Microsoft Teams up with Onyx to Target Enterprise Vertical
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Microsoft's recent ad campaign indicates that the company is serious about becoming the dominant player in the enterprise platform market. Part of its plan includes targeting specific vertical markets alongside application developers.

"Microsoft is going after a new strategy in terms of its partners," says Judy Andaloro Bijesse, research director, Financial Services Practice, at Boston-based AMR Research. "Before, it was many different partners, and customers were able to pick who they wanted from the different application areas and assemble a solution. Now, Microsoft is clearly focusing on specific target verticals and then forming partnerships that will serve a specific industry."

On the CRM side, the company has deepened its relationship with Bellevue, Wash.-based Onyx Software. Its new multiyear global sales, marketing and technology development initiative will focus first on financial services.

The folks at Onyx couldn't be happier, having suggested a similar plan more than a year ago. "We pitched them a plan about going deep in a few verticals, knowing that's what it was going to take to be more effective in the enterprise level," says Brent Frei, Onyx president and CEO. "Now, thankfully, it's in synch with one of Microsoft's key go-to-market strategies at the high end."

Partner Power

Onyx isn't the only partner in the CRM space, however. Microsoft has partnerships with both Pivotal and Siebel. In fact, Microsoft uses Siebel in its own operations. "I think the relationship with Onyx is important in the sense that it's being geared toward a particular vertical," says Bijesse. "But it's not an exclusive partnership by any stretch of the imagination."

The first of its joint solutions is already complete. Onyx's Investment Management Edition is an Internet-based platform running on Microsoft NT enterprise servers. It includes industry-specific workflows, best practice process maps, and key metrics to assess marketing effectiveness, sales performance and revenue forecasting. A core part of the offering is CRM strategy services from RevenueLab, a consulting firm recently acquired by Onyx. Its DecisionLab and DesignLab programs offer standalone consulting engagements designed to help financial institutions optimize their sales strategy and align it with the rest of their organization.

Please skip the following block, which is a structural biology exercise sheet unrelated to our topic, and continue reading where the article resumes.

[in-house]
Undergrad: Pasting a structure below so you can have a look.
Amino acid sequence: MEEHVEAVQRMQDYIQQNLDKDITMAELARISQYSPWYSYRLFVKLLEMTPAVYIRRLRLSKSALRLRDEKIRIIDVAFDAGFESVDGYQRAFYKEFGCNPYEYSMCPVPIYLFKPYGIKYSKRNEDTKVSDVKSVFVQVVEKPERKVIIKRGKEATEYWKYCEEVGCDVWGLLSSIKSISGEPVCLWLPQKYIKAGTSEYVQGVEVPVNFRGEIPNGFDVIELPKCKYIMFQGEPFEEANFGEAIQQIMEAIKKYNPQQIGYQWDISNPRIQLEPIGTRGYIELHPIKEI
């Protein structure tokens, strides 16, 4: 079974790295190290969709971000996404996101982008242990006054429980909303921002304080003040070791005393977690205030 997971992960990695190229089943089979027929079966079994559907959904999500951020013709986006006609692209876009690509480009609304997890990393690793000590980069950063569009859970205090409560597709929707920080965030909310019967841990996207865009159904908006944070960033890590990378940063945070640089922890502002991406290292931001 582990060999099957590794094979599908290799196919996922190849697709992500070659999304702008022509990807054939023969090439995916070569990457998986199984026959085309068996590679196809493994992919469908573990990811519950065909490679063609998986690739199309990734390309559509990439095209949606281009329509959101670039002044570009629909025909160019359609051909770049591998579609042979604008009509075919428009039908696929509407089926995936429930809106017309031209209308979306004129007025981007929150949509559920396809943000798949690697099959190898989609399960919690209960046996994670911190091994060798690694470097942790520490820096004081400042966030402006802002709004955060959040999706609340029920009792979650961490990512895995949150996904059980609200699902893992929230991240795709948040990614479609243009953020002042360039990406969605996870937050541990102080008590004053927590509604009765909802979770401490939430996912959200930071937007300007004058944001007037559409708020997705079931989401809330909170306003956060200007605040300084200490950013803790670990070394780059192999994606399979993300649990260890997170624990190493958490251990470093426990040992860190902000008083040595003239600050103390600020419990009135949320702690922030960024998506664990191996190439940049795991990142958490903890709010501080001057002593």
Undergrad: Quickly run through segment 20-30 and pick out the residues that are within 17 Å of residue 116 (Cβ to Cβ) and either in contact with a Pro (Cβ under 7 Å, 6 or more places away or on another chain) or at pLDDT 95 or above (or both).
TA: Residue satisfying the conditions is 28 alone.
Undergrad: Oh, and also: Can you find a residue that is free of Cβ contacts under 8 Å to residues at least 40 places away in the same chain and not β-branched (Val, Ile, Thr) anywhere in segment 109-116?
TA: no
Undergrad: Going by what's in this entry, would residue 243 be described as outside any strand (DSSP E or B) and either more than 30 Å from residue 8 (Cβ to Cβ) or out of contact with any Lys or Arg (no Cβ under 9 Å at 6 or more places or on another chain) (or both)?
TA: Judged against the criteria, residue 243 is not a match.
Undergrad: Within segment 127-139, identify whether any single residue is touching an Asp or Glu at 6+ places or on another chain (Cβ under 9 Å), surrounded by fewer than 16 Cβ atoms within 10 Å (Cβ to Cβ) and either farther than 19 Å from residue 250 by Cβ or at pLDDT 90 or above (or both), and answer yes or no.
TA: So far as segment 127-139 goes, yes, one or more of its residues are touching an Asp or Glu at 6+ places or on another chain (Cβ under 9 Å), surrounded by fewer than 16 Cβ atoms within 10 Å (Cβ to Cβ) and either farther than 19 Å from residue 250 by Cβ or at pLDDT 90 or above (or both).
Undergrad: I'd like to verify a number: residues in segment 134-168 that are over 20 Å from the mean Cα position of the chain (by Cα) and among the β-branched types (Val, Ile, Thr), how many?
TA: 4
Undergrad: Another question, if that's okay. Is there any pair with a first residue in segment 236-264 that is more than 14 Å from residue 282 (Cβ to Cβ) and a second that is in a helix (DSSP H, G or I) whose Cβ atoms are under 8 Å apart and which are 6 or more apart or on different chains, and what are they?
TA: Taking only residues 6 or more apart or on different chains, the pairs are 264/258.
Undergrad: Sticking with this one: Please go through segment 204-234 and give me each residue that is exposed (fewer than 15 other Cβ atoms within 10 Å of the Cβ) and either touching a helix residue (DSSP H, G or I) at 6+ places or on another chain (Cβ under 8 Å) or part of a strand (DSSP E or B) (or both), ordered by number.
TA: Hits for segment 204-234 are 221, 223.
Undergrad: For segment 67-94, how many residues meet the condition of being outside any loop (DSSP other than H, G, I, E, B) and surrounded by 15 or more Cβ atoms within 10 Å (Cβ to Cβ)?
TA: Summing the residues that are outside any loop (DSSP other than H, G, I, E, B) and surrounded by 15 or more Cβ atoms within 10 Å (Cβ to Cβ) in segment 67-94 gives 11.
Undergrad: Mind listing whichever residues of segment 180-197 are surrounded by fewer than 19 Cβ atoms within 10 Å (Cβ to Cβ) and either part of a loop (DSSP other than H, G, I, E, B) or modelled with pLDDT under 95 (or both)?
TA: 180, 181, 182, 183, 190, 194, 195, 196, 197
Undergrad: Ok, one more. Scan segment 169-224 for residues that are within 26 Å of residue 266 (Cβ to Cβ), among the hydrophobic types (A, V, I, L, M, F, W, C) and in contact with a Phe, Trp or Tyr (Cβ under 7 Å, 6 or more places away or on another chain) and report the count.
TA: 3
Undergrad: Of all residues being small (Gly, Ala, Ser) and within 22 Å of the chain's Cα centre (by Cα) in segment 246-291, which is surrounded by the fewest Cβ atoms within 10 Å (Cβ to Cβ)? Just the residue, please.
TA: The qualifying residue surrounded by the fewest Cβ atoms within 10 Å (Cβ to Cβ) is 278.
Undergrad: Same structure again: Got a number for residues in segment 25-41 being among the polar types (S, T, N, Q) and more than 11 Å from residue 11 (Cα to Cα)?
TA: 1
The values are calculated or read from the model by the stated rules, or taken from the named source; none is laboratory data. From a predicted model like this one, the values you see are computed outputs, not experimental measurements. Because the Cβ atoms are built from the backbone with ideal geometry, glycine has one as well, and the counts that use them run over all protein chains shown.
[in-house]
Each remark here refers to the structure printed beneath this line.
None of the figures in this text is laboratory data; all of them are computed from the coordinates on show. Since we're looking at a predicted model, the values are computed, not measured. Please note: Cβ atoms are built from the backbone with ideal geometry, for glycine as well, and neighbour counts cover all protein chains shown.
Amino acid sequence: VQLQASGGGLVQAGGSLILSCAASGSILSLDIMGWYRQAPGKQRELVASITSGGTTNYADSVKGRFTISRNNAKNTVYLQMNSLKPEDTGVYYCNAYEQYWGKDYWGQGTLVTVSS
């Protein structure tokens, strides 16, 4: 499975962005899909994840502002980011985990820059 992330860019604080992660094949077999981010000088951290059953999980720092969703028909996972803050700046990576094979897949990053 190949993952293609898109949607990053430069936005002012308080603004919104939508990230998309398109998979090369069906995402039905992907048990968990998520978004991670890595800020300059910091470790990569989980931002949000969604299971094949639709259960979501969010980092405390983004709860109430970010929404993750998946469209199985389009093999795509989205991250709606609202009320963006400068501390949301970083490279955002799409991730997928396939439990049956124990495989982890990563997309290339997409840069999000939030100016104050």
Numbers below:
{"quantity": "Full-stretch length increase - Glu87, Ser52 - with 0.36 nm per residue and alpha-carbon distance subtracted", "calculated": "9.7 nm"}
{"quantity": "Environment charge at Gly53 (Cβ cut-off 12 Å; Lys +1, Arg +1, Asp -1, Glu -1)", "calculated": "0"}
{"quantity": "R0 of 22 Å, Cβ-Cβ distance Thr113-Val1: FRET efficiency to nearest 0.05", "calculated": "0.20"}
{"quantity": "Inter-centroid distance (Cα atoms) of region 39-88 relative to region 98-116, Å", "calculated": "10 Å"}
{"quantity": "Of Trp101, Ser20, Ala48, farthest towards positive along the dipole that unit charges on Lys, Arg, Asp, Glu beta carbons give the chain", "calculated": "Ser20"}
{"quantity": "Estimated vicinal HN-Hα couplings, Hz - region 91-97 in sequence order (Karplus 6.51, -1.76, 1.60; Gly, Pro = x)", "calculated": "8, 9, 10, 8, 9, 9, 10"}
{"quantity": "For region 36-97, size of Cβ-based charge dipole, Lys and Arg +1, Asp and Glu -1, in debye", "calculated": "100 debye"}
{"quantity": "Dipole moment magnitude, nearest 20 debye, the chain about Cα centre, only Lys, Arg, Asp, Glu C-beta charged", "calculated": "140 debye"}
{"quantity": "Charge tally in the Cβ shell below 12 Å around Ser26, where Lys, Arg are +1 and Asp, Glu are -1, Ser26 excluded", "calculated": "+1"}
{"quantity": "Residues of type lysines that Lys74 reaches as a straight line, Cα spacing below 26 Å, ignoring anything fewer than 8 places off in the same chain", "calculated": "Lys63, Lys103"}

The two companies currently have 80 joint financial services customers. While neither company would comment on which vertical may be next, Onyx has focused on four primary areas: financial services, managed care, high-tech and telco. According to Frei, the two companies have been making joint sales calls for years. "They've been intensifying over the last 12 months, particularly with a lot of the big banking and telco deals we've been working on together."

The newly aligned Microsoft and Onyx sales forces will focus most of their effort on investment management and retail financial services worldwide. According to Frei, the dual teams have targeted 60 of the biggest brand name accounts.

Last year, Microsoft reorganized its people to move away from its geographically-based model. It currently has 700 to 1,000 people in its financial services practice. "I think this vertical push is crucial," says Bijesse. "To go after the enterprise, you really have to understand the vertical requirements. A manufacturer is very different from a financial services institution, which is different from retail. These are pretty substantial differences."

Team Selling

Obviously Microsoft has gotten the message. "Going in and making a pitch to a bank or insurance agency, we can say we have the best platform in the world," says Bill Hartnett, director of financial services for Microsoft. "They may agree with us 100 percent, but they're looking for information technology solutions that solve problems and 80 percent is the application functionality, so it's incumbent upon us to go to market together."

Onyx has also run into resistance selling its solution. "In very large organizations, Microsoft isn't always the incumbent platform," says Frei. "We needed Microsoft's help in the high-end sales to help overcome the bias against their platform. We, in turn, would overcome and win the application war."

Curiously, just last December, Onyx shipped its Unix Oracle version. However, Frei says that could help the Microsoft-Onyx relationship. "Once we get in the door and show what Onyx can do, it actually provides Microsoft the opportunity to sell into those environments as well," says Frei. "Whereas before, neither of us actually got the opportunity to even have a discussion at those accounts."

That makes one wonder how far the relationship will go. With Microsoft's recent acquisition of Great Plains software, Bijesse says she definitely wouldn't rule out an acquisition of Onyx, or even Pivotal. "It could be many different players. It kind of depends on where they take this strategy, and where it goes in the next six months," she says.

Onyx won't rule it out either. "We would certainly like to work closely with Microsoft," says Frei. "How we do that is pretty open."

People and Promotions